Do you ever just wonder about stuff? Something obvious? Frivolous? Completely esoteric? We do. In One Last Question, we ask an expert from the VCU community to help us learn a little more about anything. In this issue, we ask: How can we be stylish?
Spring always seems like a stylish time, and we’re tired of missing out. So, embracing our vanity, we enlisted the help of veteran professional personal stylist and School of the Arts graduate Lauren Messiah (B.F.A.’03).
“Style is self-expression,” says Messiah, author of “Style Therapy: 30 Days To Your Signature Style” and host of an eponymous 88,200-subscriber YouTube channel. “It’s a way for people to understand who you are and what you want.”
Messiah has more than a decade of style experience running Style Boss Academy, her online style school through which she coaches individuals, groups and businesses. Her work has been featured in Marie Claire, Vogue, Elle, The New York Times and then some, everywhere preaching the gospel of style. She gave us three tips.
Cast a vision.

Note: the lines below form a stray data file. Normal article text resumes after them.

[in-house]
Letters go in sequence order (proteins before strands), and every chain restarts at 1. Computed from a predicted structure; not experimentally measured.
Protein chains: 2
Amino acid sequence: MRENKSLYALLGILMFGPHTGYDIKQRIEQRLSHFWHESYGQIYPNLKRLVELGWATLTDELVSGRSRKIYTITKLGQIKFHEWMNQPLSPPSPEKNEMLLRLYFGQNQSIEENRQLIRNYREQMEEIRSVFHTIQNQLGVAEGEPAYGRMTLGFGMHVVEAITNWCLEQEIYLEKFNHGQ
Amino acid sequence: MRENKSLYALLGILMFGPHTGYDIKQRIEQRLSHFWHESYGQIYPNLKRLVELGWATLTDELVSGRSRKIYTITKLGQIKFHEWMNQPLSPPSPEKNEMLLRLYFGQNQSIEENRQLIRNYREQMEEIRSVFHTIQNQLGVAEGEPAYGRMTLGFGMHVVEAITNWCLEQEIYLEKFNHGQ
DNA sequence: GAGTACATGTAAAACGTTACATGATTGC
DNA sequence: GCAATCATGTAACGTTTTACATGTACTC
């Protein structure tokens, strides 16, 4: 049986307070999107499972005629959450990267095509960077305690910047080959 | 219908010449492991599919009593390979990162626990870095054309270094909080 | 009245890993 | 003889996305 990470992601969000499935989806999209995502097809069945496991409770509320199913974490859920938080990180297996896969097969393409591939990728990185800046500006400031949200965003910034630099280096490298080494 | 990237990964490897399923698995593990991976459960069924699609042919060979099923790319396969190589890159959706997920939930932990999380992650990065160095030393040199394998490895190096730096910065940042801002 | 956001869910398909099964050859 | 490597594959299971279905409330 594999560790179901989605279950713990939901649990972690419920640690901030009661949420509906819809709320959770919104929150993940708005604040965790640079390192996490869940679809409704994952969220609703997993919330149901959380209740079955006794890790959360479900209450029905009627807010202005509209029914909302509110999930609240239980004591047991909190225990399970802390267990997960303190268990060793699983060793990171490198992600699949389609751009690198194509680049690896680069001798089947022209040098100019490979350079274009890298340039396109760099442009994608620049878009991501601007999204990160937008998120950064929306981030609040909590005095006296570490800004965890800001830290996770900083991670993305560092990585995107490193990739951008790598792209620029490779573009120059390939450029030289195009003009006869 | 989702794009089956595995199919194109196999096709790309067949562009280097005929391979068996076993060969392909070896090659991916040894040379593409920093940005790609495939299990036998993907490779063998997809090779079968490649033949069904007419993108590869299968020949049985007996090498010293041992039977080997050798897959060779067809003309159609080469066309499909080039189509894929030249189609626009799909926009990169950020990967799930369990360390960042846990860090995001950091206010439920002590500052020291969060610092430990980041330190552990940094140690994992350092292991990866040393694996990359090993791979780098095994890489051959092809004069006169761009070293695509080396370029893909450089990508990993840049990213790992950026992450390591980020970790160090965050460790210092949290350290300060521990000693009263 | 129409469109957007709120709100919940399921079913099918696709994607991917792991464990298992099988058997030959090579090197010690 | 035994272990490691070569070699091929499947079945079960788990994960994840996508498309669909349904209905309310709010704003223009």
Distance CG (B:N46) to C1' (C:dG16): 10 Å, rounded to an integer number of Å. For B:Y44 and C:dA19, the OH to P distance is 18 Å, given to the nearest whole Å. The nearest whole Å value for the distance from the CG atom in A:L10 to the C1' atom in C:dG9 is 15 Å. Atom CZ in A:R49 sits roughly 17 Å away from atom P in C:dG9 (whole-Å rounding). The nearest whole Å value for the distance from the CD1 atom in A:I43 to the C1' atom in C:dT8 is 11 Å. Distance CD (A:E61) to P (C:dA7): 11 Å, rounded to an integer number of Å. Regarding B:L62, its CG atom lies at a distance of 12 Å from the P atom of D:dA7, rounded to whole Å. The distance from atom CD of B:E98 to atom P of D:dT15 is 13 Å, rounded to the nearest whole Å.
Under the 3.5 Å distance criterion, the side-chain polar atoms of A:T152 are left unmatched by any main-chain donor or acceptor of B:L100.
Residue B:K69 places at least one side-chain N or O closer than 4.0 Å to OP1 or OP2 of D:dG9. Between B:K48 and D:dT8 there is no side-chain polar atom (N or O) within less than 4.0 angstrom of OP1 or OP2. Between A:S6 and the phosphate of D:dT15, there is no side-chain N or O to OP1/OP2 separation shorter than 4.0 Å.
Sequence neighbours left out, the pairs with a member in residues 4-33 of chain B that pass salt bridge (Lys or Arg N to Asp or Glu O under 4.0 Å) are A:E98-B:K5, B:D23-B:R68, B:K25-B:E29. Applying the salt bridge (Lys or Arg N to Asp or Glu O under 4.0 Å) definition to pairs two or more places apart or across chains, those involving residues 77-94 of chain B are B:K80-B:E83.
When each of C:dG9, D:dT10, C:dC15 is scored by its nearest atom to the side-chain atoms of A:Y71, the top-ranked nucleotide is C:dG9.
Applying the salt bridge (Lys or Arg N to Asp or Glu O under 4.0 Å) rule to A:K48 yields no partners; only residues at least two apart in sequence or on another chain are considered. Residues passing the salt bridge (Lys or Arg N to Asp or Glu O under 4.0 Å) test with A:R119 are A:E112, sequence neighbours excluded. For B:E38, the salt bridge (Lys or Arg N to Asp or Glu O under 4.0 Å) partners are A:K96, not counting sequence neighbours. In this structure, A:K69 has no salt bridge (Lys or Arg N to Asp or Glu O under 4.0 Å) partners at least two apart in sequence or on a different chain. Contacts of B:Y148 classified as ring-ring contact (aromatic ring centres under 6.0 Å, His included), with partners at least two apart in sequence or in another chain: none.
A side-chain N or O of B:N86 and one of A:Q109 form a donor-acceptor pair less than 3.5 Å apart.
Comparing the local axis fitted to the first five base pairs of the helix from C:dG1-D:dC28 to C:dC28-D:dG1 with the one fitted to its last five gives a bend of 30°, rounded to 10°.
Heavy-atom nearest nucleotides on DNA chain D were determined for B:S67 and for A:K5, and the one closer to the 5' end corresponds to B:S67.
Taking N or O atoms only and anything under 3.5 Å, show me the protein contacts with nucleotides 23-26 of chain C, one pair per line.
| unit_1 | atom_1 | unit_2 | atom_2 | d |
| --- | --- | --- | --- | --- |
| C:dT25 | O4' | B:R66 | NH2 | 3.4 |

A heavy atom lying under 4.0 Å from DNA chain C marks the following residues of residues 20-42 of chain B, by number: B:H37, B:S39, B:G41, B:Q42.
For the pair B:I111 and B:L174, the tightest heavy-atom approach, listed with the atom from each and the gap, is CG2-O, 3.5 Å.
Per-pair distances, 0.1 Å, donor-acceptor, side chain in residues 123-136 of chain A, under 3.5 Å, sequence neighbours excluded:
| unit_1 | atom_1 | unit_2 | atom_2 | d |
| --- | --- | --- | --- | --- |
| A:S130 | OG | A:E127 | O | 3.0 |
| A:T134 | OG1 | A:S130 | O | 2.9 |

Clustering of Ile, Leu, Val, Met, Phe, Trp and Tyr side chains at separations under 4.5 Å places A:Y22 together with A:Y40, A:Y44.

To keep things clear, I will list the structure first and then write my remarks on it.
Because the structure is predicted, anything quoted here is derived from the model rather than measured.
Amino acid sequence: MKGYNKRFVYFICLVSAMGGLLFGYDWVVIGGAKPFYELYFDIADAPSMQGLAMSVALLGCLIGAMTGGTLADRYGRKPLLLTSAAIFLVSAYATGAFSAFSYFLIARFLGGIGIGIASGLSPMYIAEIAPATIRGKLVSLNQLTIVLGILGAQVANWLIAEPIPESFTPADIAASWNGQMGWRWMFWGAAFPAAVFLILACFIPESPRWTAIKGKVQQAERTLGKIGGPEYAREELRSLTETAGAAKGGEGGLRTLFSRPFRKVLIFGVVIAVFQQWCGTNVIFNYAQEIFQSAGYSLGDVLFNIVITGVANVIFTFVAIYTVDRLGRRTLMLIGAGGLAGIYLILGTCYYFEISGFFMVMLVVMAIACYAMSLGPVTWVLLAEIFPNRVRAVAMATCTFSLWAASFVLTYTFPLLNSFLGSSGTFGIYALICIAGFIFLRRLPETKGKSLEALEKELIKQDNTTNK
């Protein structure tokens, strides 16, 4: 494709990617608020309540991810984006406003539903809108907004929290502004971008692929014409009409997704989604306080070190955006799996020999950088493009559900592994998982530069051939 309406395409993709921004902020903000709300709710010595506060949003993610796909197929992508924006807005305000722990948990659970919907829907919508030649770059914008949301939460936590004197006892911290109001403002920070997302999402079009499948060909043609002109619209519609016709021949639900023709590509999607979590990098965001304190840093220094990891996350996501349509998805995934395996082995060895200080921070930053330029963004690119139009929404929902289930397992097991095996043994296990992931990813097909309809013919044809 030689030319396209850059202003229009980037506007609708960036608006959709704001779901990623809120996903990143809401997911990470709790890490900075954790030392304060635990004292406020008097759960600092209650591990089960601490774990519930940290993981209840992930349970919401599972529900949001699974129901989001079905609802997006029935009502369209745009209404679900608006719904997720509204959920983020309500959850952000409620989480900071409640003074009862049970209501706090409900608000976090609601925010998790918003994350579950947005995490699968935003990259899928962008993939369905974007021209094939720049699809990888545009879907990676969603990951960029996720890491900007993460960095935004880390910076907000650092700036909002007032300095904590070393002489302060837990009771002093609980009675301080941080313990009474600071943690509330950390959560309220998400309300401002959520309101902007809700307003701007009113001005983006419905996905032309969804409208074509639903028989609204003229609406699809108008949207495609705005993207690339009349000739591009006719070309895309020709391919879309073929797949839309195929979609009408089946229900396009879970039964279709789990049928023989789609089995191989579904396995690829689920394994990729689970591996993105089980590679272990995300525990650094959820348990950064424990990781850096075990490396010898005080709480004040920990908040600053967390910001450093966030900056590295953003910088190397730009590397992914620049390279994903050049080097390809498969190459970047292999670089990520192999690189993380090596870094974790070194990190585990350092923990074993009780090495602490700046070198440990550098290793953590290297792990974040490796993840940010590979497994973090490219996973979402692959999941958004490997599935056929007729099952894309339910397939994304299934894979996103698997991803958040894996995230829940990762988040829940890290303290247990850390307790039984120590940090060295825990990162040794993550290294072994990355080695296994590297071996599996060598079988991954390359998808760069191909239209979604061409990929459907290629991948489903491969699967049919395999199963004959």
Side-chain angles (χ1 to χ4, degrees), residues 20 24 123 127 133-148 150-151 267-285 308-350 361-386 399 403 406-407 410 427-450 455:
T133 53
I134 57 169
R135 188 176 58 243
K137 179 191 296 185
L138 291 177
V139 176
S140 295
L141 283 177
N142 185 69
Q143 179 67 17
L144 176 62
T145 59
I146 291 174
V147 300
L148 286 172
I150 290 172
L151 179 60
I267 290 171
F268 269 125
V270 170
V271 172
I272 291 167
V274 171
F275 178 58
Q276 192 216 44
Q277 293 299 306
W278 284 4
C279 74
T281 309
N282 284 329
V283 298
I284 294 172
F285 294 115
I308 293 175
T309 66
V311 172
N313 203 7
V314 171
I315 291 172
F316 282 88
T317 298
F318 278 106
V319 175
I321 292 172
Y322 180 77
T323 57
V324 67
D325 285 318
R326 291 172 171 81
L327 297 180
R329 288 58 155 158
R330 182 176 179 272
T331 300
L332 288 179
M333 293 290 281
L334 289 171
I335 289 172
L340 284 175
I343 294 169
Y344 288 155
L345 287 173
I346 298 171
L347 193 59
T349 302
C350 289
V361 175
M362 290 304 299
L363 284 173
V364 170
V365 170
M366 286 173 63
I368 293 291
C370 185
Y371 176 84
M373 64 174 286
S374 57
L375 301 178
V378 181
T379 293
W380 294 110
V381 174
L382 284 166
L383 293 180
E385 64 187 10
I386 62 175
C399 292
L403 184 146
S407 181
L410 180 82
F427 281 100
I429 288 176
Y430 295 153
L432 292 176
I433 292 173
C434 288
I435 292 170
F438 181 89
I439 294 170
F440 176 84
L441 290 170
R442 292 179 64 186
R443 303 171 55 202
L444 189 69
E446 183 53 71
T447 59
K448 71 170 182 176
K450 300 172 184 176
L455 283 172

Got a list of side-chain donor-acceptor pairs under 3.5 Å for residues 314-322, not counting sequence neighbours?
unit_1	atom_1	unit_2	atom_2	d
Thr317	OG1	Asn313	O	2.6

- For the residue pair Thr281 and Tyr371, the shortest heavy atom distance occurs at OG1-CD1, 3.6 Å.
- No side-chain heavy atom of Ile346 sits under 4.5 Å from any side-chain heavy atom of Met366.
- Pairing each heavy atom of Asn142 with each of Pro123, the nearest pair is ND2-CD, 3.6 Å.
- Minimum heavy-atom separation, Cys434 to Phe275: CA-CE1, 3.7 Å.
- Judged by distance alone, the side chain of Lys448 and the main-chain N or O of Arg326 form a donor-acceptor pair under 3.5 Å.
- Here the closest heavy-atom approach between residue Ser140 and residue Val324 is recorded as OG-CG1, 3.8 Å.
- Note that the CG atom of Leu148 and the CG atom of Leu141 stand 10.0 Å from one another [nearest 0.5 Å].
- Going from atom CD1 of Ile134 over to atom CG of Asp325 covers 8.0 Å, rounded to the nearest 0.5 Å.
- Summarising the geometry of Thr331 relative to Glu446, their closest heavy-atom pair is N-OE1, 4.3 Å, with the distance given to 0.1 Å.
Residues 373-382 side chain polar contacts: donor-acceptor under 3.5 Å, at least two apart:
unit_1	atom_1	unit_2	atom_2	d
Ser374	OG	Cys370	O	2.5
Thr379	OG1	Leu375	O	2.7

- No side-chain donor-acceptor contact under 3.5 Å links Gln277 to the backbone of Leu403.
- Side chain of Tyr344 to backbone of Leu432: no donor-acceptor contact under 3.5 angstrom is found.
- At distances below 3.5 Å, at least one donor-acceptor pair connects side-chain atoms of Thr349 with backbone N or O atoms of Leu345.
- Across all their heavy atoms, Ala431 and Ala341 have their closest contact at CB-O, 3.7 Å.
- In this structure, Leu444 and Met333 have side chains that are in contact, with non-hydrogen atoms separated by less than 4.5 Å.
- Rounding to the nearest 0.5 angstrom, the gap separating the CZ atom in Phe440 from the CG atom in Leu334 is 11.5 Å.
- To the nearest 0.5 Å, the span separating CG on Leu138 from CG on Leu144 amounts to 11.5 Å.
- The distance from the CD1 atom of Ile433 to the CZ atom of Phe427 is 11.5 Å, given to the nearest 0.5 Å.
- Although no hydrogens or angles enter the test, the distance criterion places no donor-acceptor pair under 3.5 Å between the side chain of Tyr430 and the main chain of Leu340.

Messiah says once you start being intentional with your style, that’s when things begin moving in a positive direction. “I always ask my clients to create a vision for the life that they desire,” she says. “Think about your dream life and then open your eyes and look down at your clothes. Ask yourself, ‘Is that gonna take me where I wanna go?’”
Buy grown-up clothes.
Jettison your college tees and incorporate more structured pieces — a white button-up, a blazer, a nice pair of jeans. Staples are a good investment because they can be adapted for your personal aesthetic. “It’s not about playing dress-up as an adult,” Messiah says. “It’s about stepping into the energy of who you want to become.”
Do the seven-day selfie challenge.
For one week, take full-body selfies of what you’re wearing, write down what you wore, how you felt about the outfit and how others might perceive it. By the end of the seven days, Messiah says, you’ll have a much better picture of the vibes you’re giving off. “The more we can be aware of the messages that we are sending out with our clothing, the better,” she says. “Everyone’s taking in that information on a subconscious level.”